Contribution to PM CARES Fund qualifies as CSR expenditure

Vinod Kothari & Company

Further relaxations by SEBI due to Covid-19– third in a row!

Vinod Kothari & Company




Relaxations by SEBI and MCA under disruption scenario: Some FAQs

SEBI relaxes timelines at the time of disruption caused by COVID-19

Vinod Kothari & Company

Below is a short snippet of the relaxed timelines issued by the securities market regulator in the wake of the disruption caused by COVID-19.

CSR funds may be used for COVID-19 relief, clarifies MCA

Team Vinod Kothari & Company |

Updated on 29th March, 2020

Like all other public agencies, MCA has been taking a series of steps in the wake of the rapidly spreading COVID-19 and issued clarification[1] on spending of CSR funds for COVID 19 stating that the amount spent on COVID-19 by companies will count towards CSR spending. The activities falling under item nos. (i) & (xii) of Schedule VII of Companies Act, 2013 undertaken due to COVID 19 shall qualify as CSR activity which covers the following:

  • Eradicating hunger, poverty and malnutrition, promoting health care including preventive health care and sanitation including contribution to the Swach Bharat Kosh set-up by the Central Government for the promotion of sanitation and making available safe drinking water.
  • Disaster management, including relief, rehabilitation and reconstruction activities.

Subsequently, the Ministry on 28th March, 2020 has also clarified by way of an office memorandum, that companies contributing towards recently formed Prime Minister’s Citizen Assistance and Relief in Emergency Situations Fund (‘PM CARES Fund’) shall also qualify as CSR expenditure under item (viii) of Schedule VII of Companies Act, 2013.

Hence, this is the right occasion, and unarguably, one of the noblest causes, to use CSR funds in whatever way, one may think of for the welfare of society.

Notably, substantial CSR money remains unspent, very often for want of appropriate CSR projects. Many companies have to explain the same by finding some reason or the other. Currently the country is passing through an epidemic that has affected the whole world. Hence, companies may come forward and spend their unspent CSR budgets. Indeed companies are also welcome to over-spend this year’s budget pursuant to a proposal in the Companies Amendment Bill which permits carry forward of excess spending as well.

Questions are often being asked – can the company include the expenditure incurred for COVID-19 preparedness for its own employees and workmen – say, giving of masks, sanitizers, or similar expense, as a part of its CSR spending?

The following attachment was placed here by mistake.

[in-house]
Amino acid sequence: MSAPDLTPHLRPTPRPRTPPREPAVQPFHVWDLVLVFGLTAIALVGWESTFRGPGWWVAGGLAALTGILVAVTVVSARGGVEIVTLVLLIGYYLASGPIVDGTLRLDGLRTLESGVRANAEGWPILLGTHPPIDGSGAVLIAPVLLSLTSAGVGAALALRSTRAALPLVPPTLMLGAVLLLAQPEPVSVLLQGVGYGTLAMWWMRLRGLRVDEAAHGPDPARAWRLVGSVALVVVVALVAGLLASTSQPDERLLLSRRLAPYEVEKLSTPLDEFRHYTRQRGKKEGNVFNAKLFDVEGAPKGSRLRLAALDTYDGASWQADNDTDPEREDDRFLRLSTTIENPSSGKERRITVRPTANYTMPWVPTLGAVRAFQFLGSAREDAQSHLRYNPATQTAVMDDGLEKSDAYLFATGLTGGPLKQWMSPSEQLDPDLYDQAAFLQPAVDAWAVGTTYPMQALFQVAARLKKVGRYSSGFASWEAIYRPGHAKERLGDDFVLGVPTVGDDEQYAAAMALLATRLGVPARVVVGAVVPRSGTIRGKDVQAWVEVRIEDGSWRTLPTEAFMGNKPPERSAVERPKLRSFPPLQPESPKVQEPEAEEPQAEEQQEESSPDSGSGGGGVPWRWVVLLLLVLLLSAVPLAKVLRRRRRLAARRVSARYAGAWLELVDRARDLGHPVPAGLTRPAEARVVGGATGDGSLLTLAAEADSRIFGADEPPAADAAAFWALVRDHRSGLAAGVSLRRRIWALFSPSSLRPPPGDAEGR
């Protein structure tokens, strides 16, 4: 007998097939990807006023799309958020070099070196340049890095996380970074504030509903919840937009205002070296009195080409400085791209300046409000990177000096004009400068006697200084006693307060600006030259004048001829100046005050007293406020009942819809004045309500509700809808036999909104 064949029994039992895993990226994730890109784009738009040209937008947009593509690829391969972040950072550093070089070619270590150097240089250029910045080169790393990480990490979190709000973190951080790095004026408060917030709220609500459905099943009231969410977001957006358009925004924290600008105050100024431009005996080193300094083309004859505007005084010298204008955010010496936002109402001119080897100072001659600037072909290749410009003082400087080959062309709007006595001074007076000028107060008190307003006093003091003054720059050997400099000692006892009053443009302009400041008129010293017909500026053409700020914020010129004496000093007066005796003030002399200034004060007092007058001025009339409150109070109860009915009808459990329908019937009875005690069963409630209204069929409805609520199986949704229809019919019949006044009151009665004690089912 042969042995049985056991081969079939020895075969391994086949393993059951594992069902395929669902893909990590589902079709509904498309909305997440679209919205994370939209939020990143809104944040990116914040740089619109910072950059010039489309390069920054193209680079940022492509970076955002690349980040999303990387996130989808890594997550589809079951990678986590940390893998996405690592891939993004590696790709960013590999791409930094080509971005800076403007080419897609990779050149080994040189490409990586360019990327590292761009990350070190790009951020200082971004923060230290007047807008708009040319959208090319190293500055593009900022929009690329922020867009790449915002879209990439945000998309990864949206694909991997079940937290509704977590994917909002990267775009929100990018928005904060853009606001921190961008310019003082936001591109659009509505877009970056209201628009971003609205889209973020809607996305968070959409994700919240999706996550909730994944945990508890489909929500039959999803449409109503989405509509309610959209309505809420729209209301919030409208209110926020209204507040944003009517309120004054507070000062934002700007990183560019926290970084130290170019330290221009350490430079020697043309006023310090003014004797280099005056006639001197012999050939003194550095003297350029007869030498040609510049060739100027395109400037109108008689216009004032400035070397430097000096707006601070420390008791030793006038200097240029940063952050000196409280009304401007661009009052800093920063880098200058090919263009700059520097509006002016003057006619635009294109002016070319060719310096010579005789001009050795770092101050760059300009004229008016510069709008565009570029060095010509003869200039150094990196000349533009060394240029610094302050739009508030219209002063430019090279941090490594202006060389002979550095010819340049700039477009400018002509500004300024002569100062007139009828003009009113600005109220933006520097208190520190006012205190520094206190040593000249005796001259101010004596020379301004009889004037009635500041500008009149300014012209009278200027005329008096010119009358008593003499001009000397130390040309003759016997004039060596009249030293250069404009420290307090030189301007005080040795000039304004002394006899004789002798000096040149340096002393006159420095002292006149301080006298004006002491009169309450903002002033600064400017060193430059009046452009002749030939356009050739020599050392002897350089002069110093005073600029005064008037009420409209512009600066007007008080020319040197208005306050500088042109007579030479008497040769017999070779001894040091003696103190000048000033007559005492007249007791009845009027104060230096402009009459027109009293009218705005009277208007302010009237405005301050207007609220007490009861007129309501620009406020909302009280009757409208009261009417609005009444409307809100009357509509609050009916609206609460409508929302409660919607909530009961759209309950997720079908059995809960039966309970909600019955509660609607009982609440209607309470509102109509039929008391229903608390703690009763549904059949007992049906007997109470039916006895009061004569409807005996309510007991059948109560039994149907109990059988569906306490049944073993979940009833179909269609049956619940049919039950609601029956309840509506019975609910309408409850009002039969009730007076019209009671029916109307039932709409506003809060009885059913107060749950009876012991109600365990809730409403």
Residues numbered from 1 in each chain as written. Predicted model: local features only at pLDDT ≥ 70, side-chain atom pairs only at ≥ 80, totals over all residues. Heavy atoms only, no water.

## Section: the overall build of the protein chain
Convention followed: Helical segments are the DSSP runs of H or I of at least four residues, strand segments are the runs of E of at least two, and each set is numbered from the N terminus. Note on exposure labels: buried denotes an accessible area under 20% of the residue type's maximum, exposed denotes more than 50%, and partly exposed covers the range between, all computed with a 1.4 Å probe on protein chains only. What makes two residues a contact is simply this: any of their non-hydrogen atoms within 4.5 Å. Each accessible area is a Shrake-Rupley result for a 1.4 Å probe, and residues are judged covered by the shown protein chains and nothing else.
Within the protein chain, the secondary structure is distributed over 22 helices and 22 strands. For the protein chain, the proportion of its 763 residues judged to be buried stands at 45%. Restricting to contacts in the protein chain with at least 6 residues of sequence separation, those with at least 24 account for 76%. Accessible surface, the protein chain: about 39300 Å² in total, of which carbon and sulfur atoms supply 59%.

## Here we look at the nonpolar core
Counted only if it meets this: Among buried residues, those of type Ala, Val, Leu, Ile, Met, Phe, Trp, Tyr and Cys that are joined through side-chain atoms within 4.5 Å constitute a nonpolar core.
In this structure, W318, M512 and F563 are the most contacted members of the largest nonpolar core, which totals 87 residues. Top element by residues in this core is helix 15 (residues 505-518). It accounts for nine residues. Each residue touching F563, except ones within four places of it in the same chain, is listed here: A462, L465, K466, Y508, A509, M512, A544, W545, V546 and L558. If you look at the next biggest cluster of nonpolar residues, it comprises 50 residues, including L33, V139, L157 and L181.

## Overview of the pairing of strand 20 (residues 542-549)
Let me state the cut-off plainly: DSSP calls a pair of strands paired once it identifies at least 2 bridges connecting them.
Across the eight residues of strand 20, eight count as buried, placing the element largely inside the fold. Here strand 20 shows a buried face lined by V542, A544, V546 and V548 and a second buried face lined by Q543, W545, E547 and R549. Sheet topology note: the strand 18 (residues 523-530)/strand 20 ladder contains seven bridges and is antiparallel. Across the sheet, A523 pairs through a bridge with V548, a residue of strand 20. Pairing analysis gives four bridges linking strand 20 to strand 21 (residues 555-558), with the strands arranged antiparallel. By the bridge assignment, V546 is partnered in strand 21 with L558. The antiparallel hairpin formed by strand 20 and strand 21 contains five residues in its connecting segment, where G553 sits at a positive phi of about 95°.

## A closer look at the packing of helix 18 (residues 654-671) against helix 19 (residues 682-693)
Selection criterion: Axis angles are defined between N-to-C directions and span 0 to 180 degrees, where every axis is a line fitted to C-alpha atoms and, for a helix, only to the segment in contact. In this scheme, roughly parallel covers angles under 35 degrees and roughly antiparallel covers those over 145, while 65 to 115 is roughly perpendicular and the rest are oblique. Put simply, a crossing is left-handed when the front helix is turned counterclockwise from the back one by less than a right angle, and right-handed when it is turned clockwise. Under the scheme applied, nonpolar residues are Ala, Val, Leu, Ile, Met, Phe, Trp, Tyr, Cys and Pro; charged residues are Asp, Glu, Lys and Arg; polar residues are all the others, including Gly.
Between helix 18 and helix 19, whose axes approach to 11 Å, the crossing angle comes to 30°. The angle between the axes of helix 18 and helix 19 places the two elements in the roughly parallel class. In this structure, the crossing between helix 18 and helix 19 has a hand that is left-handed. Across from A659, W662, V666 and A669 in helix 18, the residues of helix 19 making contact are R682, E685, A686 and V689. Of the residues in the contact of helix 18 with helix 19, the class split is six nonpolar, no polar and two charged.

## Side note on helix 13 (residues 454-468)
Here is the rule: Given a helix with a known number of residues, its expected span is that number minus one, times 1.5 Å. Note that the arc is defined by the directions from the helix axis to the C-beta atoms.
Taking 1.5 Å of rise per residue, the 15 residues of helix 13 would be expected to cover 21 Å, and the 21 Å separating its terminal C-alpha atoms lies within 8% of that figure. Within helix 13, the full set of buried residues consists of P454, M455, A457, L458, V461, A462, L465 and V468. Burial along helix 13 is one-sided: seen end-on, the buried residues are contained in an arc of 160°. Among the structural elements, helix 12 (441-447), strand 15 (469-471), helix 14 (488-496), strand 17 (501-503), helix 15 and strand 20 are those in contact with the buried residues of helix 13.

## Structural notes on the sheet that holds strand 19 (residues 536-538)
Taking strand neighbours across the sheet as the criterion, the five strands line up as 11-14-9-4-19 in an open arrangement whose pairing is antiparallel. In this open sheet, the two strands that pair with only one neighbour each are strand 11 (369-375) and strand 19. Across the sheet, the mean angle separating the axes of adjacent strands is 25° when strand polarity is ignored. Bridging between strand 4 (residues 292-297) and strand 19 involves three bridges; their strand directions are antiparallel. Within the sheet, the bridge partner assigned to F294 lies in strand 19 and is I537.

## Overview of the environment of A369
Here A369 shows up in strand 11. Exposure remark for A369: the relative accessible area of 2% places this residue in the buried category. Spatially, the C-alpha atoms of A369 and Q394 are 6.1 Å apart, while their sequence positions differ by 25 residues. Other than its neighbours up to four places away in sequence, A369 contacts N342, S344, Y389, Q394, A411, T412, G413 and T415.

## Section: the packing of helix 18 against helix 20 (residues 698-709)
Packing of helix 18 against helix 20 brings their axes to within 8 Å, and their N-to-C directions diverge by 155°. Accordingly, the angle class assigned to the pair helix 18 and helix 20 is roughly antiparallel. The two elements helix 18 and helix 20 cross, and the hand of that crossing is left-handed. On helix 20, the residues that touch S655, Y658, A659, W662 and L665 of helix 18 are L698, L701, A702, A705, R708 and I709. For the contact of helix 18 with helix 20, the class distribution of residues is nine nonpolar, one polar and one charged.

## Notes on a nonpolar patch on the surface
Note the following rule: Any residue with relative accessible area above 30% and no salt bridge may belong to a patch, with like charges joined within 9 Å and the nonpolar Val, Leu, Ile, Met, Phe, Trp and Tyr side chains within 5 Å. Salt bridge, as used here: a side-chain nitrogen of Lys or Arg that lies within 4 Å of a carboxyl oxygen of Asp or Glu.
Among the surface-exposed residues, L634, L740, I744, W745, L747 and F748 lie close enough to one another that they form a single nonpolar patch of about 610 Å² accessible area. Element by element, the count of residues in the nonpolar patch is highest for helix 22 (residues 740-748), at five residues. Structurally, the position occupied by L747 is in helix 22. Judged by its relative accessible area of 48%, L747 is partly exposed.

Our answer to this question is the same as what we have continuously answered as a part of our FAQs[2] on CSR that CSR is spending on a social cause. An employer spending for the well being, safety or welfare of employees is performing the employer’s legal or moral obligation. That cannot be regarded as CSR. However, if the company spends on COVID-19 preparedness, either by itself or through implementing agencies, for a wider section of public, and its employees or their families are also the beneficiaries of such an exercise, there is no denial as to eligibility of the same as CSR spending.

Our detailed write ups on CSR may be viewed here:

Proposed changes in CSR Rules

Draft CSR Rules Make CSR More Prescriptive

CAB, 2020: Bunch of Proposals for revamping CSR Framework



Reckoning banks’ loans to NBFCs for on-lending to priority sectors for PSL targets

-Financial Services Division (


The Master Direction – Priority Sector Lending – Targets and Classification[1] issued by the Reserve Bank of India (RBI) mandates Scheduled Commercial Banks (SCBs) to lend a specified percentage of their Adjusted Net Bank Credit (ANBC) to the specified ‘needy’ sectors called the Priority Sectors. Further, in order to assist the banks in meeting their Priority Sector Lending targets (PSL Targets) and to extend the reach of credit to these sectors, the RBI has allowed various modes of collaboration between banks and NBFCs. One such mode is lending by banks to NBFCs and HFCs for on-lending to priority sector.

Additionally, through a notification[2] issued in 2019 the RBI provided that the loans extended by the banks to NBFCs on or before March 31, 2020 and which are on-lent to priority sector, shall be eligible to be classified as priority sector lending by the bank. However, notification imposed a cap on the ticket size of the loans originated by NBFCs and they are:

Sector Maximum ticket size of loans
Agriculture ₹ 10 lakh per borrower
Micro & Small enterprises ₹ 20 lakh per borrower
Housing (for on-lending by HFCs) ₹ 20 lakh per borrower

The maximum PSL Target that can be fulfilled by a bank using this mode is 5% of banks’ total PSL. For this purpose, on-lending done by NBFC (except MFIs) and HFCs shall be reckoned.

Considering the credit demand by these sectors classified as ‘priority’ and the outreach of NBFCs, the RBI has issued another notification dated March 23, 2020[3], extending the above mentioned time limit to cover originations during FY 2020-21. Accordingly, the loans originated by banks on or before March 31, 2021 and extended to NBFCs for on-lending to Priority Sectors shall be eligible to be classified under Priority Sector Lending of such bank.

It is noteworthy that since lending to HFCs and NBFC-MFIs by banks for on-lending was already covered under the Master Directions on Priority Sector Lending and there was no time limit provided for such loans under the Master Directions, the provisions of the aforesaid notification relating to the time limit of eligibility shall not be applicable on such bank credit. The time limit applies only for on-lending to agriculture sector and micro & small enterprises.






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